What should I do about mice, rats, or squirrels?

If you have any type of rodent inside your home, report this to us as soon as possible. You can report pest problems inside your home to us at anytime, anywhere using My Account or contact us via Live Chat.

If you’ve seen any rodents in a communal area, for example a corridor, report this to the environmental health team at your local council and then let us know.

They’re in my garden

We don’t offer any kind of pest control service outside of your home.

If you have mice, rats, squirrels, or any other type of rodent in your garden, or have seen them outside the property, here’s some helpful hints, tips, and advice you could try to help manage the problem:

  • Stop feeding wild birds and animals

Many rats are attracted by fallen food from bird feeders and will climb up feeding stations. Squirrel proof feeders may help, but if you suspect an infestation stop feeding birds or hedgehogs. If you have them, make sure your chicken runs are secure. Store bird and other animal food in secure containers.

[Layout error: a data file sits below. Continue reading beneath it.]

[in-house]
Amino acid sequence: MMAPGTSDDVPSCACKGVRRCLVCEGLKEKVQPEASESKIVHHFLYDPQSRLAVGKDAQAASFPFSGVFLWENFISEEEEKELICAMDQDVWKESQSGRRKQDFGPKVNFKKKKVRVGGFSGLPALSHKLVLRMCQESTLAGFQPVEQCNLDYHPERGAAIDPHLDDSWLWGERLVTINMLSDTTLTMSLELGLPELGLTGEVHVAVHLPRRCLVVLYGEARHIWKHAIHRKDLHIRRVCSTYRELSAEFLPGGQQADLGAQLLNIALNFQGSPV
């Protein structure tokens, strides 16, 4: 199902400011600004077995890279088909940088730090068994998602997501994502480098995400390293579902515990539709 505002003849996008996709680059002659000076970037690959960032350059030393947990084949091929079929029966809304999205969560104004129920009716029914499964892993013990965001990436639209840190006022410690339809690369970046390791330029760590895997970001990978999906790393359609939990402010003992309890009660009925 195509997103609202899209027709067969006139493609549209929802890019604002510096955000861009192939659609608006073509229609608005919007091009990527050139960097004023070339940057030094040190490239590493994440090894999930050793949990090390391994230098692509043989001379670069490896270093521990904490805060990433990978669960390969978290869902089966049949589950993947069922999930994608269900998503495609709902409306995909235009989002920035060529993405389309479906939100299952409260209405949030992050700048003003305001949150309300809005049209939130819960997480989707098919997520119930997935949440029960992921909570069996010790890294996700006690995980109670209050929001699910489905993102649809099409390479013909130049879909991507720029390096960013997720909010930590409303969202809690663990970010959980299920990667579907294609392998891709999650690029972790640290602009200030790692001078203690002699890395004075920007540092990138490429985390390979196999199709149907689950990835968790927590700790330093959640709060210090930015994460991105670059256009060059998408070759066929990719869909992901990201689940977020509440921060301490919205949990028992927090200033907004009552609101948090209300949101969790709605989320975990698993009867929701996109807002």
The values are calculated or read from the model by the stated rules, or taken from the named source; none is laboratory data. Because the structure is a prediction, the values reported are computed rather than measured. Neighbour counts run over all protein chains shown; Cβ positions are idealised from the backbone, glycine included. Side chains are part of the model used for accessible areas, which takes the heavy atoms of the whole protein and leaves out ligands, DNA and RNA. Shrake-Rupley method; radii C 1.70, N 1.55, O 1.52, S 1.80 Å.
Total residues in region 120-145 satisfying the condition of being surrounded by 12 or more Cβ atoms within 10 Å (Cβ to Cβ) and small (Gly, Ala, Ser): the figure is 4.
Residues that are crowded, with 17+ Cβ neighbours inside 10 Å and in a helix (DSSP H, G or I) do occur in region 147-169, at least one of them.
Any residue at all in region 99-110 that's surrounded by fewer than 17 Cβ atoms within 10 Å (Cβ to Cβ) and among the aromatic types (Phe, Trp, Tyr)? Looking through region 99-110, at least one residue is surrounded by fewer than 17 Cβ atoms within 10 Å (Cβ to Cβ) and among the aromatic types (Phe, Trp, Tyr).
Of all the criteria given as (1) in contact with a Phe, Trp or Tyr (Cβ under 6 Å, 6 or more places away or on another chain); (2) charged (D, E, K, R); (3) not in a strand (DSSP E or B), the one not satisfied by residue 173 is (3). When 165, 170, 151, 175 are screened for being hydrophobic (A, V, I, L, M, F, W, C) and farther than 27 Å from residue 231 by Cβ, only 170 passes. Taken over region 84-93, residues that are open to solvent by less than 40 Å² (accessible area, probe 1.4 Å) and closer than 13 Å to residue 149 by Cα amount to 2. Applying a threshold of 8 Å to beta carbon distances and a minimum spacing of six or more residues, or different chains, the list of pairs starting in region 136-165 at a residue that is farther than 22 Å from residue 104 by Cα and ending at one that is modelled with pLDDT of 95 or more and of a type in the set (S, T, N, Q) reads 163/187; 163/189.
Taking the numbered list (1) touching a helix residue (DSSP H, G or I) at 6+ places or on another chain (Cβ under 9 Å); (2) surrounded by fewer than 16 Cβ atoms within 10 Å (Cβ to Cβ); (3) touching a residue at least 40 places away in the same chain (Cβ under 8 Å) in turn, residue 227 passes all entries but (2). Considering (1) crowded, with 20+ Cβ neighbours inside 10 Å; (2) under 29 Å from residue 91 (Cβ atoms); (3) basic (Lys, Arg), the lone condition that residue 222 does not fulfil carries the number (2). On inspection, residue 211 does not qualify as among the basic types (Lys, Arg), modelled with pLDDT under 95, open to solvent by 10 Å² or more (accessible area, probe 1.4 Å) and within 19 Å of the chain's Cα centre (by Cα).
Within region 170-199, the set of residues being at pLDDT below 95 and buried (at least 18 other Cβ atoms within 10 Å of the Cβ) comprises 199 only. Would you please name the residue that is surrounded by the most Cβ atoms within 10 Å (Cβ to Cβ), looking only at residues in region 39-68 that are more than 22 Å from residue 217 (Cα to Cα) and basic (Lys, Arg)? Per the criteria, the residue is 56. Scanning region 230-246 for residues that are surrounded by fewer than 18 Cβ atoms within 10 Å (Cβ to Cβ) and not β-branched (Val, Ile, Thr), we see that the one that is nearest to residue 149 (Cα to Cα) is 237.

• Keep your garden tidy

Tidy gardens are less likely to attract rats as they provide less cover. Keep grass short, clear cluttered storage areas, remove rubbish, and reduce overgrown areas, especially near fences or garden buildings.

  • Move things around

Rats are ‘neo-phobic’, which means they have a fear of new things. They don’t like disruption to their territory, so place obstacles in their runs and move things around in the garden frequently.

  • Block access to decking

The space beneath decking is perfect for rats as it’s sheltered, hard to reach and food scraps can fall between the planks. Sweep up any fallen food after eating outside. Block access if possible or consider installing a patio if the problem persists.

  • Block access to garden buildings

Be sure to block any holes in the walls, floors, and doors of your garden buildings securely. You could add a metal ‘kick plate’ to your shed door to prevent entry.

  • Protect your compost bin

Make your bin or heap uninviting, don’t add food scraps and include green and brown materials so it’s moist. Put chicken wire underneath to prevent access. Turn it regularly, but bear in mind that other wildlife might be using compost heaps too. If rats have made a home in your bin, don’t use the compost on edible crops.

  • Remove water sources

Unlike mice, rats can’t survive without water. If possible, remove water sources from your garden, including dripping taps. Secure drains and add baffles (a flow-directing panel) to drainpipes.

If you still need additional support in getting rid of rats or other pests in your garden, you should instruct a pest control company which would be at your own cost or contact your local authority. To find the local council click here.